This album also features the excellent music of Owen Reynolds on on bass and Teddy Owens (Director/Conductor of The Louisville Symphony Orchestra). on clarinet and beautiful, moving vocals of Robin Whitehead Tichenor. David Amaram plays piano, French horn, flute(s), & percussion. He plays at least one instrument, and often more, on every track.

 Mama Gave Me the World by Ron Whitehead from Never Too Many Sunsets: Three Generations, Whitehead, Amram and Messina.


Available on AmazonApple music  

 

Listen FREE on Spotify!  


NEVER TOO MANY SUNSETS CD and many other titles by Ron Whitehead & Jinn Bug are available from Trancemission Press 


You can also find this album on Pandora and other online venues. 


Saturday, January 1, 2022

GAS Featured Poet: Bruce McRae

Bruce McRae, a Canadian musician, is a multiple Pushcart nominee with poems published in hundreds of magazines such as Poetry, Rattle and the North American Review. His books are The So-Called Sonnets (Silenced Press); An Unbecoming Fit Of Frenzy; (Cawing Crow Press) and Like As If (Pski’s Porch), Hearsay (The Poet’s Haven).



 A Little Chat With Ourself


I’m talking to you through a rip in the seaside,
out of a warmed dent in the passing nothingness,
from behind a loop of tightly woven angel-hair.

I’m talking to you, and the wind is rubbing a cornfield.
I’m telling you the sun is sawing its right hand.
That the moon is a knothole in God’s coffin,
the stars His marred and excitable match-heads.

I’m going along, caught between a feather and a flower.
I’m shouting from the top of my voice,
from the foot of the stairs.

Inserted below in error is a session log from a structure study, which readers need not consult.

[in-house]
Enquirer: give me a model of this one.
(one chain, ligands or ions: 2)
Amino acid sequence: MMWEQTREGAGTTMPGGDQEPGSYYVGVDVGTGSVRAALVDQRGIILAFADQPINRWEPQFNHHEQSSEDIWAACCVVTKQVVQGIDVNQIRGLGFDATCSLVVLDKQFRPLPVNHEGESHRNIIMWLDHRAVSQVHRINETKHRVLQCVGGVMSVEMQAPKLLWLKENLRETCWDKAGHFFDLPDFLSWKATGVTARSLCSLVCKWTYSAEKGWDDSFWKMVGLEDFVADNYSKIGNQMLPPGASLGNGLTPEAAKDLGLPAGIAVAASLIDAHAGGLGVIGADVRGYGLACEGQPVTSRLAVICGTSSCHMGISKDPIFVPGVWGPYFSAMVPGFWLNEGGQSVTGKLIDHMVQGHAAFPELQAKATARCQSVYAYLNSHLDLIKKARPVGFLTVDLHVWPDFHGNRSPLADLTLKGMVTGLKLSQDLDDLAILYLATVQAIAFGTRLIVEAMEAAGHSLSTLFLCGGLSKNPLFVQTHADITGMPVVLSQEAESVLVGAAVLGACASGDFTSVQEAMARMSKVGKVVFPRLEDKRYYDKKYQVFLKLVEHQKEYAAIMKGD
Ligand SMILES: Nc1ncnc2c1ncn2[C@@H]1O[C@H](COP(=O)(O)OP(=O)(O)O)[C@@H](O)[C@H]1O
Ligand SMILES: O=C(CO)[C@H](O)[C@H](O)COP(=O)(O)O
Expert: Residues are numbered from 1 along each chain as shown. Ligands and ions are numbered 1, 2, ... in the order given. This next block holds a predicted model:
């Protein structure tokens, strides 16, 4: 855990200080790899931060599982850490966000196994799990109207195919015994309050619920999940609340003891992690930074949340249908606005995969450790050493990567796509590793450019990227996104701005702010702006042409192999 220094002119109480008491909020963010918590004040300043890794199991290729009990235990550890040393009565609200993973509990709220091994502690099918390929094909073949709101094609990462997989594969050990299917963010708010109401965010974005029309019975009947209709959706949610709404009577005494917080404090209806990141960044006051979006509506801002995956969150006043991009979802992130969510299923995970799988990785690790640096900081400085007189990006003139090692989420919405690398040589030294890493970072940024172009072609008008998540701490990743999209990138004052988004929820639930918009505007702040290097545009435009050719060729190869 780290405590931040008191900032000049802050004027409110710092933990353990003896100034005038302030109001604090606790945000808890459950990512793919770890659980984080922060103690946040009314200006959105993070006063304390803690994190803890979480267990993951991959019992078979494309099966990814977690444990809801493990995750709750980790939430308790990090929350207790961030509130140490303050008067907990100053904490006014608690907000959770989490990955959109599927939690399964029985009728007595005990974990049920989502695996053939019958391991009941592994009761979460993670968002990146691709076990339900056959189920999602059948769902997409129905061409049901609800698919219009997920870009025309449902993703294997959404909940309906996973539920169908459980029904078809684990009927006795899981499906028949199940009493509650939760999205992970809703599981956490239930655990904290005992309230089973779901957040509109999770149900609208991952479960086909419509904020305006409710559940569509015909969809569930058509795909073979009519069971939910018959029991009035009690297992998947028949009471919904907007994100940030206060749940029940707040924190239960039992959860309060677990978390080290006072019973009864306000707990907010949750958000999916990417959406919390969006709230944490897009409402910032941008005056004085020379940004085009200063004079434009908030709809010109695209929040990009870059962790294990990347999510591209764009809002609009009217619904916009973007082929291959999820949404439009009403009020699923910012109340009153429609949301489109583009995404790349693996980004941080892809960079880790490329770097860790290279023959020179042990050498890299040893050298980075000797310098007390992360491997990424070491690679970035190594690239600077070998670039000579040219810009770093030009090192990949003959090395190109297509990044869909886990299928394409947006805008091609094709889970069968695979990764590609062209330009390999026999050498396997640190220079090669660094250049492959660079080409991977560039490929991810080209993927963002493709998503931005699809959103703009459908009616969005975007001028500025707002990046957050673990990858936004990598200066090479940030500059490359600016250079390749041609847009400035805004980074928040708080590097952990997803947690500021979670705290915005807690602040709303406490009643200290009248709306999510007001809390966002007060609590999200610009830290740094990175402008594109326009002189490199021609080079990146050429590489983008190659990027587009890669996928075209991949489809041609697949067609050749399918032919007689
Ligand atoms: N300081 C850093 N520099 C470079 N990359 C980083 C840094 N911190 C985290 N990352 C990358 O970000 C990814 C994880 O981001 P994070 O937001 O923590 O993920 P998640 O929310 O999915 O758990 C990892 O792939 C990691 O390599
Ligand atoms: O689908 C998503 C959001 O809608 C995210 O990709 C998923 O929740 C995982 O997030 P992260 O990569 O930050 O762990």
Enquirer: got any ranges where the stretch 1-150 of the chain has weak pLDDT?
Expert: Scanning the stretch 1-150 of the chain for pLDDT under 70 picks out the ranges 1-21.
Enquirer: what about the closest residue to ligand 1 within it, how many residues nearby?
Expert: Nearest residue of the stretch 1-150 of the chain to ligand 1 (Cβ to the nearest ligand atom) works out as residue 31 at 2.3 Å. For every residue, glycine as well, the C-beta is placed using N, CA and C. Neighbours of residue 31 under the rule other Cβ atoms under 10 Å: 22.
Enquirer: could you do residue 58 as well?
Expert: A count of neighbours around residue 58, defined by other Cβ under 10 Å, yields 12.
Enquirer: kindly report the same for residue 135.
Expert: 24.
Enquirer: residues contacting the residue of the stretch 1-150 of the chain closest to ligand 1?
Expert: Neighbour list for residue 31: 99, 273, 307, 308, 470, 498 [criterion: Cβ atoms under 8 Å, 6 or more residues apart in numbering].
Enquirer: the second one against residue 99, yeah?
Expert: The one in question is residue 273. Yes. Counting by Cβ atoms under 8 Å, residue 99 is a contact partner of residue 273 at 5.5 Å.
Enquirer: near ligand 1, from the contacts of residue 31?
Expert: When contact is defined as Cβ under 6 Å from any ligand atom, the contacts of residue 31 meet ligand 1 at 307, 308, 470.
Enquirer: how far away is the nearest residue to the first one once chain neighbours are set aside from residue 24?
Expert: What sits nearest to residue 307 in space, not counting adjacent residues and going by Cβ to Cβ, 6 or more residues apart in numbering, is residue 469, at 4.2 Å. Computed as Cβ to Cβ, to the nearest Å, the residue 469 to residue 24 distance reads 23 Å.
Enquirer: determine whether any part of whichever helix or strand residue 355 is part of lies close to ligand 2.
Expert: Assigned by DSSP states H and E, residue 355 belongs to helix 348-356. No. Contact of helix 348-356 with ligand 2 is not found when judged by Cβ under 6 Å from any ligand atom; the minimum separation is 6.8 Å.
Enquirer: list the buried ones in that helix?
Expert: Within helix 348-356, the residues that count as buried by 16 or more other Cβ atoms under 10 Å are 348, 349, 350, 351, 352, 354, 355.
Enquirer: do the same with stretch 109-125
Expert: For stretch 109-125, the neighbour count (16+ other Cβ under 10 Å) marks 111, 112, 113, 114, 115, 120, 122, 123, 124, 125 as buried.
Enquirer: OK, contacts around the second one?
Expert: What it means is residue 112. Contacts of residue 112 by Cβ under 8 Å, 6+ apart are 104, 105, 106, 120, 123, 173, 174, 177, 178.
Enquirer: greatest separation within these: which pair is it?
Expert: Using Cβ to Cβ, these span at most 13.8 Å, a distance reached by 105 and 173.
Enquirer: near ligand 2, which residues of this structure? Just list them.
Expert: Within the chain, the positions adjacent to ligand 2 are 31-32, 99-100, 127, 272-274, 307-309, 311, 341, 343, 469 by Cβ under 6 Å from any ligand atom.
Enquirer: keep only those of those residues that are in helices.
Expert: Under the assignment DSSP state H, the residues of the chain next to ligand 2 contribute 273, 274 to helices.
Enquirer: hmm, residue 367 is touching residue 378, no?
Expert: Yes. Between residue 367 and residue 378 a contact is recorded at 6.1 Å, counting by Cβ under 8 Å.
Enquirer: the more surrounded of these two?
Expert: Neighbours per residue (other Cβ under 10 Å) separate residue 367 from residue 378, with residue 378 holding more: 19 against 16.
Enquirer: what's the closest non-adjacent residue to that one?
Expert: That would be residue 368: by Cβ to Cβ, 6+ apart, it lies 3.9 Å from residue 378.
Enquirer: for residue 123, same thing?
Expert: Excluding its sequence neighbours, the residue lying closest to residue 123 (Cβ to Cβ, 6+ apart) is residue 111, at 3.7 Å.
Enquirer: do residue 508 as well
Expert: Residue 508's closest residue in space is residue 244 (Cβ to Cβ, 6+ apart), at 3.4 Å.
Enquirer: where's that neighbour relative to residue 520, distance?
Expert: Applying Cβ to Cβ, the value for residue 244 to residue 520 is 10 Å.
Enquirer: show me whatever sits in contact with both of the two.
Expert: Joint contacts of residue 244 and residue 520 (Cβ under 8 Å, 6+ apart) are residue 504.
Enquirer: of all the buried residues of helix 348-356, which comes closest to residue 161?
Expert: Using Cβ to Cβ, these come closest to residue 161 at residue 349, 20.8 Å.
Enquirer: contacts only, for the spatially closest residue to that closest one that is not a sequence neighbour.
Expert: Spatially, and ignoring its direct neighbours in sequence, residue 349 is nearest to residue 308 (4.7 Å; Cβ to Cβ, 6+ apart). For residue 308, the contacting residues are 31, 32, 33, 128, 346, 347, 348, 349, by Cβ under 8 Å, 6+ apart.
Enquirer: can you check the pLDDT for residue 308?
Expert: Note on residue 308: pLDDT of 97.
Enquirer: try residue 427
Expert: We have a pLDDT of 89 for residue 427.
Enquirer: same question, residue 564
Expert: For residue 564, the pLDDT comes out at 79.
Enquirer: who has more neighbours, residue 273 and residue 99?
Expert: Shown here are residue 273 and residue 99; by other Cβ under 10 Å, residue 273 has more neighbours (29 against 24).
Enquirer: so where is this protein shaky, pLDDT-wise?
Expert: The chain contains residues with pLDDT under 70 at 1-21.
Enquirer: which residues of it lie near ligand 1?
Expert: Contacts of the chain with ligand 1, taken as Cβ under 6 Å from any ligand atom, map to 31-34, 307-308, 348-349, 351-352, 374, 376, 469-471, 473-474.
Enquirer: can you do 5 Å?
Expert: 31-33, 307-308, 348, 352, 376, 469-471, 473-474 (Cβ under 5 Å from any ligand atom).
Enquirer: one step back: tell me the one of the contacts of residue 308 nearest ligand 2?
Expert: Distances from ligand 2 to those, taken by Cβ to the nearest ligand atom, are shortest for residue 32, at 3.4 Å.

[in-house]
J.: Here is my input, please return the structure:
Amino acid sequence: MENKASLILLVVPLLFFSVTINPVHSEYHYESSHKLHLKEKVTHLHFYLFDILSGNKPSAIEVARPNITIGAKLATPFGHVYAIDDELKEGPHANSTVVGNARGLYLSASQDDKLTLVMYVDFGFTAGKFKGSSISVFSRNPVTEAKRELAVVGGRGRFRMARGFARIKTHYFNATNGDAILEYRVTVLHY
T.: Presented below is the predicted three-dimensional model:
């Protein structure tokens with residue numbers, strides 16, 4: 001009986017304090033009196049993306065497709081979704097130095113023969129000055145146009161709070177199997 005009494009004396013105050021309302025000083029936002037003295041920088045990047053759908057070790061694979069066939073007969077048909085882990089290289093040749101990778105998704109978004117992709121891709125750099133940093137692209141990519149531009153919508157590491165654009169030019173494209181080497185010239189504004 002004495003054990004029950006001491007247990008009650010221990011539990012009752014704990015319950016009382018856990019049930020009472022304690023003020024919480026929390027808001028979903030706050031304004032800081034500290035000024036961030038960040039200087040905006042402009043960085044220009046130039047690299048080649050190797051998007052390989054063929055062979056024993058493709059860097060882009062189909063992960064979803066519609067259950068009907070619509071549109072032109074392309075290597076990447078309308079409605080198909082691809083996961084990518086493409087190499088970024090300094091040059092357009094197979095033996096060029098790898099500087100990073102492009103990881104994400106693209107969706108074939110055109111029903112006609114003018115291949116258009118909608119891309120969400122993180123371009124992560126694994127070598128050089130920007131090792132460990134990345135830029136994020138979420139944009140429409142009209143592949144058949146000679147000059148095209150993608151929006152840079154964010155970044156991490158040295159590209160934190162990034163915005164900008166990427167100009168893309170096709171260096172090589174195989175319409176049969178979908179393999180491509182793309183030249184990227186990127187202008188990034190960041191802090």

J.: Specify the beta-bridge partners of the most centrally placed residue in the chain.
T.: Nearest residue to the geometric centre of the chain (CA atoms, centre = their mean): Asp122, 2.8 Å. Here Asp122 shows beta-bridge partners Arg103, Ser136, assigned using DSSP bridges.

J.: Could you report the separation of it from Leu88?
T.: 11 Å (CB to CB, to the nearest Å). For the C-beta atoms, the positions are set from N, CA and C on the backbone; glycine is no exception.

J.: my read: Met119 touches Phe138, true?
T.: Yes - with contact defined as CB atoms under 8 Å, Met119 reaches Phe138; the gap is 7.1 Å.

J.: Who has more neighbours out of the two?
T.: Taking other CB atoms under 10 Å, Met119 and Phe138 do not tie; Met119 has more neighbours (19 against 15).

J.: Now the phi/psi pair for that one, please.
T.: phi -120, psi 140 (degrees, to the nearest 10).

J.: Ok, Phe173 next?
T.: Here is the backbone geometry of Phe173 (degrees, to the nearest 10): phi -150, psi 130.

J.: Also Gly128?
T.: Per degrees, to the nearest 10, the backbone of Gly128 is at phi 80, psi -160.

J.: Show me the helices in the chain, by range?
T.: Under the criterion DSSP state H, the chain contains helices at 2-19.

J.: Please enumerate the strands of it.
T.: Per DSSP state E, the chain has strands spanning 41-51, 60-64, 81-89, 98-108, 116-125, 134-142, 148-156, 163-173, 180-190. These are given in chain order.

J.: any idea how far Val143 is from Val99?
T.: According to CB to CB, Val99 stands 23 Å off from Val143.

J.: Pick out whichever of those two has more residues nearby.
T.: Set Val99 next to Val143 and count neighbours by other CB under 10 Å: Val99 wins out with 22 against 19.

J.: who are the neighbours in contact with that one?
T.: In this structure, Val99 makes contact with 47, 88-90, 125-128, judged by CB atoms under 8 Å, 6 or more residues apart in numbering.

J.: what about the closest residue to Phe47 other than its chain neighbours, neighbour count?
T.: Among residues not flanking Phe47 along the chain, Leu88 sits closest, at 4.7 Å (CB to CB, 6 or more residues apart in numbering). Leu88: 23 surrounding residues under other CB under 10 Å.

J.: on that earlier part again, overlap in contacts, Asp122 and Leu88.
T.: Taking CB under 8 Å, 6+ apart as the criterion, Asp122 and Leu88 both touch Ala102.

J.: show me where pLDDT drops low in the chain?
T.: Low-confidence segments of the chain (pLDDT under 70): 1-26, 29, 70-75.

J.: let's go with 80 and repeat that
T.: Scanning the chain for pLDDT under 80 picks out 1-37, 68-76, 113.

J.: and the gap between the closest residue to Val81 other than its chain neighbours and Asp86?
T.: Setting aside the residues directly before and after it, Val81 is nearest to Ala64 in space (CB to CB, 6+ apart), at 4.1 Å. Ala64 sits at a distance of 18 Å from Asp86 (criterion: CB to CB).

I’m talking to you from a squeak at the circus.
Pointing out opossum’s breath.
Explaining, carefully, gunpowder.

I’m telling you the world is a fog of consciousness.
I’m telling you about the mountain chain
that’s fallen in love with a river.
About a river pouring itself into your tea.
About a cup of tea embarrassed by the cosmos’s antics.

You’re listening to me spouting forth
from the swirling vortex in mommy’s sewing machine.
You’ve been asleep under a stone for a thousand years.
You’re hearing my voice, but believe it’s the rain falling,
and that each cold drop is a planet or miniature Himalayas.

I’m talking to you from the ragged hum of my hands.
I want you to realize that I’m snow
drifting in a far-off land.
I want you to see how the world still loves you.
To know the stars understand.





Chickadee Thinking

In the mind of the chickadee
is a ball of sparks,
a knot of entrails,
the planet’s littlest vacuum.

The chickadee’s mind whistles,
colour fusing to colour.
It smells of beetles’ fears.
It tastes like summer.

Actually, phantoms there
stroll between atoms of moonlight
and lordly Titans gambol
over the seemingly endless vistas.

There are great thoughts,
and these crackle like spruce tinder.
Like soda bubbles, but they weigh tons
and feel barbed to the touch.

Like wind over a hilltop.
Like lines intersecting wires.
Like smoking campfires of the Mongols,
as seen from a blood-red sky.



Monday, December 27, 2021

GAS Featured Poet: Michael Ceraolo

 


Michael Ceraolo is a 64-year-old retired firefighter/paramedic and active poet who has had two full-length books (Euclid Creek, from Deep Cleveland Press; 500 Cleveland Haiku, from Writing Knights Press) and has two more full-length books, Euclid Creek Book Two, and Lawyers, Guns, and Money, in the publication pipeline.



Letter to an Insurance Broker


Man walks up to Postal Clerk to mail a certified letter a few days before Christmas.

Postal Clerk:  Do you need stamps, or anything else?

Man:  Not today, thanks.

Postal Clerk:  Is anything in here liquid, perishable, hazardous, etc.?

Man:  The letter could be harmful to someone's ego.

Postal Clerk:  Thanks.  I needed a good laugh at this time of year.

                           
                                  THE END




The History Game Show (Episode 3)


And tonight's show is


                                   FEAR FACTOR